As with any new town representatives were selected, taxes set out for the common cause, plots of land claimed and bickered about, grumbles about Massachusetts Government and people generally being people.  Into this new town being structured came a wealthy man named Edward Gilman:

the settlement in Exeter of Edward Gilman in 1647, and his relatives shortly afterwards, men of property and energy, who set up saw-mills and gave an impulse to the business of the place. Bell, History of Exeter

The Gilman family prospered in Exeter as more of the family moved into the town.  Over the next 50 years Exeter would grow steadily,  the primary exports being ship masts, barrel staves and other products produced at the mills.  The first garrison house would be built by a Gilman and still stands today at 12 Water Street (map above, lower right).

Nathaniel Ladd was born in Haverhill MA in the 1650s, married Elizabeth Gilman and eventually settled in Exeter.  He managed to get into a bit of trouble in 1683 when he took part in Gove’s rebellion. Many were angry at provincial Governor who had dissolved the assemblies elected by the people to appoint his own guys. Ladd and 11 others (probably fortified with spirits) rode from Exeter to Hampton with guns and sword at the ready.  They were all arrested except Ladd who managed to escape and went into hiding for a while. Nathaniel Ladd would meet an early death participating in a raid on the Indian settlement at Casco Bay in 1691.  His eldest son, Nathaniel II would build what is today the Ladd-Gilman House.

ladd-gilman HDR Ladd-Gilman House, 11/09

IMG_0226 The original house is all brick, but was clapboarded over later when additions were added in the 1750s.  Through marriage between the Ladd and Gilman families in the 1700s the house was eventually owned by the Gilmans.  Today the house is part of the American Independence Museum in Exeter, and displays historic documents including original drafts of the Declaration of Independence.  Also on the museum property is the Folsom Tavern (pictured above), built in 1775 on the corner of today’s Front and Water streets.  It was moved to this location in 2004. And before you ask, yes, George Washington visited here in 1783.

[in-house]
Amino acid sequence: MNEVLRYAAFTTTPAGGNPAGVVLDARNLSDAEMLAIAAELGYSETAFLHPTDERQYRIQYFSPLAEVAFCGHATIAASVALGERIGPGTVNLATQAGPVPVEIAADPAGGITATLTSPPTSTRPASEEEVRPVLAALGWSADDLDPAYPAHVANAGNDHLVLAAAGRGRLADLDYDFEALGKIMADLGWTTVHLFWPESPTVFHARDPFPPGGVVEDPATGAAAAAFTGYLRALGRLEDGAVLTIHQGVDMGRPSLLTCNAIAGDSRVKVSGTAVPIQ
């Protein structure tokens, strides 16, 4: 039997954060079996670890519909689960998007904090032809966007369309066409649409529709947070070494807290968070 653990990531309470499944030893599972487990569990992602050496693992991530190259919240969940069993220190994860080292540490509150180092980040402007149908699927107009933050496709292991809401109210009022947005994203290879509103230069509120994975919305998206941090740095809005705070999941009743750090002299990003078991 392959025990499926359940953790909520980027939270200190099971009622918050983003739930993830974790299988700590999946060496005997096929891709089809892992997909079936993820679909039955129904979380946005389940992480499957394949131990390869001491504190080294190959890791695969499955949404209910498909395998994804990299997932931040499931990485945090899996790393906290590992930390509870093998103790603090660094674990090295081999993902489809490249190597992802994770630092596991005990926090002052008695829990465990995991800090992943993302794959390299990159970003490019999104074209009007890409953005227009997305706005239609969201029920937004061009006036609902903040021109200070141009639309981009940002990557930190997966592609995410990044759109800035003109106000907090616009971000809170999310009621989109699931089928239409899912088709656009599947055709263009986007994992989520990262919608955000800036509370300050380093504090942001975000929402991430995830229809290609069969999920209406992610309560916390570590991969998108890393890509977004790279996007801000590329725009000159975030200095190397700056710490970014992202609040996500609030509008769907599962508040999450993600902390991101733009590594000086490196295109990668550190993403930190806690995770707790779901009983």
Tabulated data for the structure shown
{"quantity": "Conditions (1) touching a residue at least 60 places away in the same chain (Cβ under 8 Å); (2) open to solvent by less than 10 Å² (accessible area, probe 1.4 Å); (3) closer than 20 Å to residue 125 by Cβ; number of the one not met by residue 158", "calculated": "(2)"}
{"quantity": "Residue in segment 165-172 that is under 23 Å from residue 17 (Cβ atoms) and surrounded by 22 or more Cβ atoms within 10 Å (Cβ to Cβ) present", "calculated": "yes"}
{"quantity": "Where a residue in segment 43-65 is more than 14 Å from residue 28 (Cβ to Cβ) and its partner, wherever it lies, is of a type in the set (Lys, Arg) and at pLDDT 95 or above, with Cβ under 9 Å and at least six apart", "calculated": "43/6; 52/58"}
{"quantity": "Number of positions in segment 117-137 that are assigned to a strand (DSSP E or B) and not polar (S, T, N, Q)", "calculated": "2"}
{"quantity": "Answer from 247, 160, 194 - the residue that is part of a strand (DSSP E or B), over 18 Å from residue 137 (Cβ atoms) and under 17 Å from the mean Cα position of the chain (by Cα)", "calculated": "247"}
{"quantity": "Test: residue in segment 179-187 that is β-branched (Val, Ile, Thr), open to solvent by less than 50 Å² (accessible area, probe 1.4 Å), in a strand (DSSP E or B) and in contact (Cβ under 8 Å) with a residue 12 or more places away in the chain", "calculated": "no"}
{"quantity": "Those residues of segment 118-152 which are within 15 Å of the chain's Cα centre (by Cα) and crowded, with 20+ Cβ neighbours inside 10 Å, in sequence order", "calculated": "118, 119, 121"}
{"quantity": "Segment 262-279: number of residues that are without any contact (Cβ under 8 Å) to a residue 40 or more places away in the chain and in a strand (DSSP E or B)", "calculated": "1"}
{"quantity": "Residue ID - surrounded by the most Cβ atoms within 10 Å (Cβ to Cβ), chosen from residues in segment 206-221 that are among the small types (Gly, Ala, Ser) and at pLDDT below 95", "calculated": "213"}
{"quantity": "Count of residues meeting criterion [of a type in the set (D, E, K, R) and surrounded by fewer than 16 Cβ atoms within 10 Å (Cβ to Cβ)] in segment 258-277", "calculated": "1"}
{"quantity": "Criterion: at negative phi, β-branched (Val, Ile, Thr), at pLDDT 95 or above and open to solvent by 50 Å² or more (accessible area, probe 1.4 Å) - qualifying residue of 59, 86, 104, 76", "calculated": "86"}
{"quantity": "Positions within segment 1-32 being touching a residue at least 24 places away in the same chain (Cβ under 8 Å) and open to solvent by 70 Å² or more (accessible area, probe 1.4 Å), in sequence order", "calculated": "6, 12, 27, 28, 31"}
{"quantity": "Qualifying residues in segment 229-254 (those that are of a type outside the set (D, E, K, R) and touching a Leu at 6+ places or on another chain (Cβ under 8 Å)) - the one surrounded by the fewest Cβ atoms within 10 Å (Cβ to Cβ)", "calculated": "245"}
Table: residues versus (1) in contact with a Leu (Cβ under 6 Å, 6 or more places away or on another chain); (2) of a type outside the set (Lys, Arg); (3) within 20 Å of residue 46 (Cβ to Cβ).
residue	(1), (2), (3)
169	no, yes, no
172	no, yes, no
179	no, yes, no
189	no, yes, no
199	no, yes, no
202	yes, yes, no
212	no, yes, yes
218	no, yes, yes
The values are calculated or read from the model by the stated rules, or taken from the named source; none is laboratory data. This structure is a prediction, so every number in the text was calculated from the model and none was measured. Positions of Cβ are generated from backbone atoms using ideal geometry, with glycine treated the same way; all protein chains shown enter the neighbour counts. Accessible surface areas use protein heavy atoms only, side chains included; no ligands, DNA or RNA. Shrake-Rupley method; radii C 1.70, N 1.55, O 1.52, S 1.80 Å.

There will be a little more on this important building in posts about the revolution.

Marker #96 The Two Mile Streak

27 01 2010

#96 Two Mile Streak

Marker Text:

Granted in 1719 to encourage industrial development in the province and called New Portsmouth, this two-mile wide strip of land was set aside to provide homesites for imported workers at the Lamprey Ironworks. Wood from this strip was converted to charcoal for the Ironworks. Absorbed by the 1722 Barrington Grant, the area retains its identity as The Two-Mile Streak. Descendants of early settlers still live here.

This marker was erected in 1974.  It’s located on the east side of Rt. 125, about one and a half miles south of Rt. 9 in Barrington.


Before getting to the Two Mile Streak it’s worth mentioning that the influx of settlers to New England really started to take off in the early 1700s.   Businessman had begun erecting mills on the rivers around Great Bay.  Townships and protective Garrisons were being established along the Merrimack river, and Portsmouth was the center of New Hampshire trade and government

As the population grew, so did the need for resources and trade goods.  Ship masts and lumber were in great demand, and most of the Great Bay area had been clear-cut by 1715 or so.  The trees were cut, masts and lumber made, then shipped off to England for the King.  The settlers needed homes and food, and the resources needed to keep flowing in and out of New Hampshire. Farms and markets were increasing in number and the colony was prospering quite well.  The population by 1720 was nearing approximately 10,000-15,000 people in the towns surrounding Great Bay, double what it had been only 10 years earlier. 

Abundant resources – and profits – attracted prominent and wealthy merchants to our shores.  Among them was a successful captain from Scotland, Archibald MacPheadris, who made his fortune as a sea captain and trader before coming to New Hampshire.  His first ventures here were in the fir trade and lumber exports.  He developed a  good relationship with the Indians and set up a network of outposts and employees to acquire firs.  Investing money in the building and running of lumber mills along the rivers feeding Great Bay produced valuable lumber.  Exporting his products back to London made him one of the richest and most important men in Portsmouth at the time.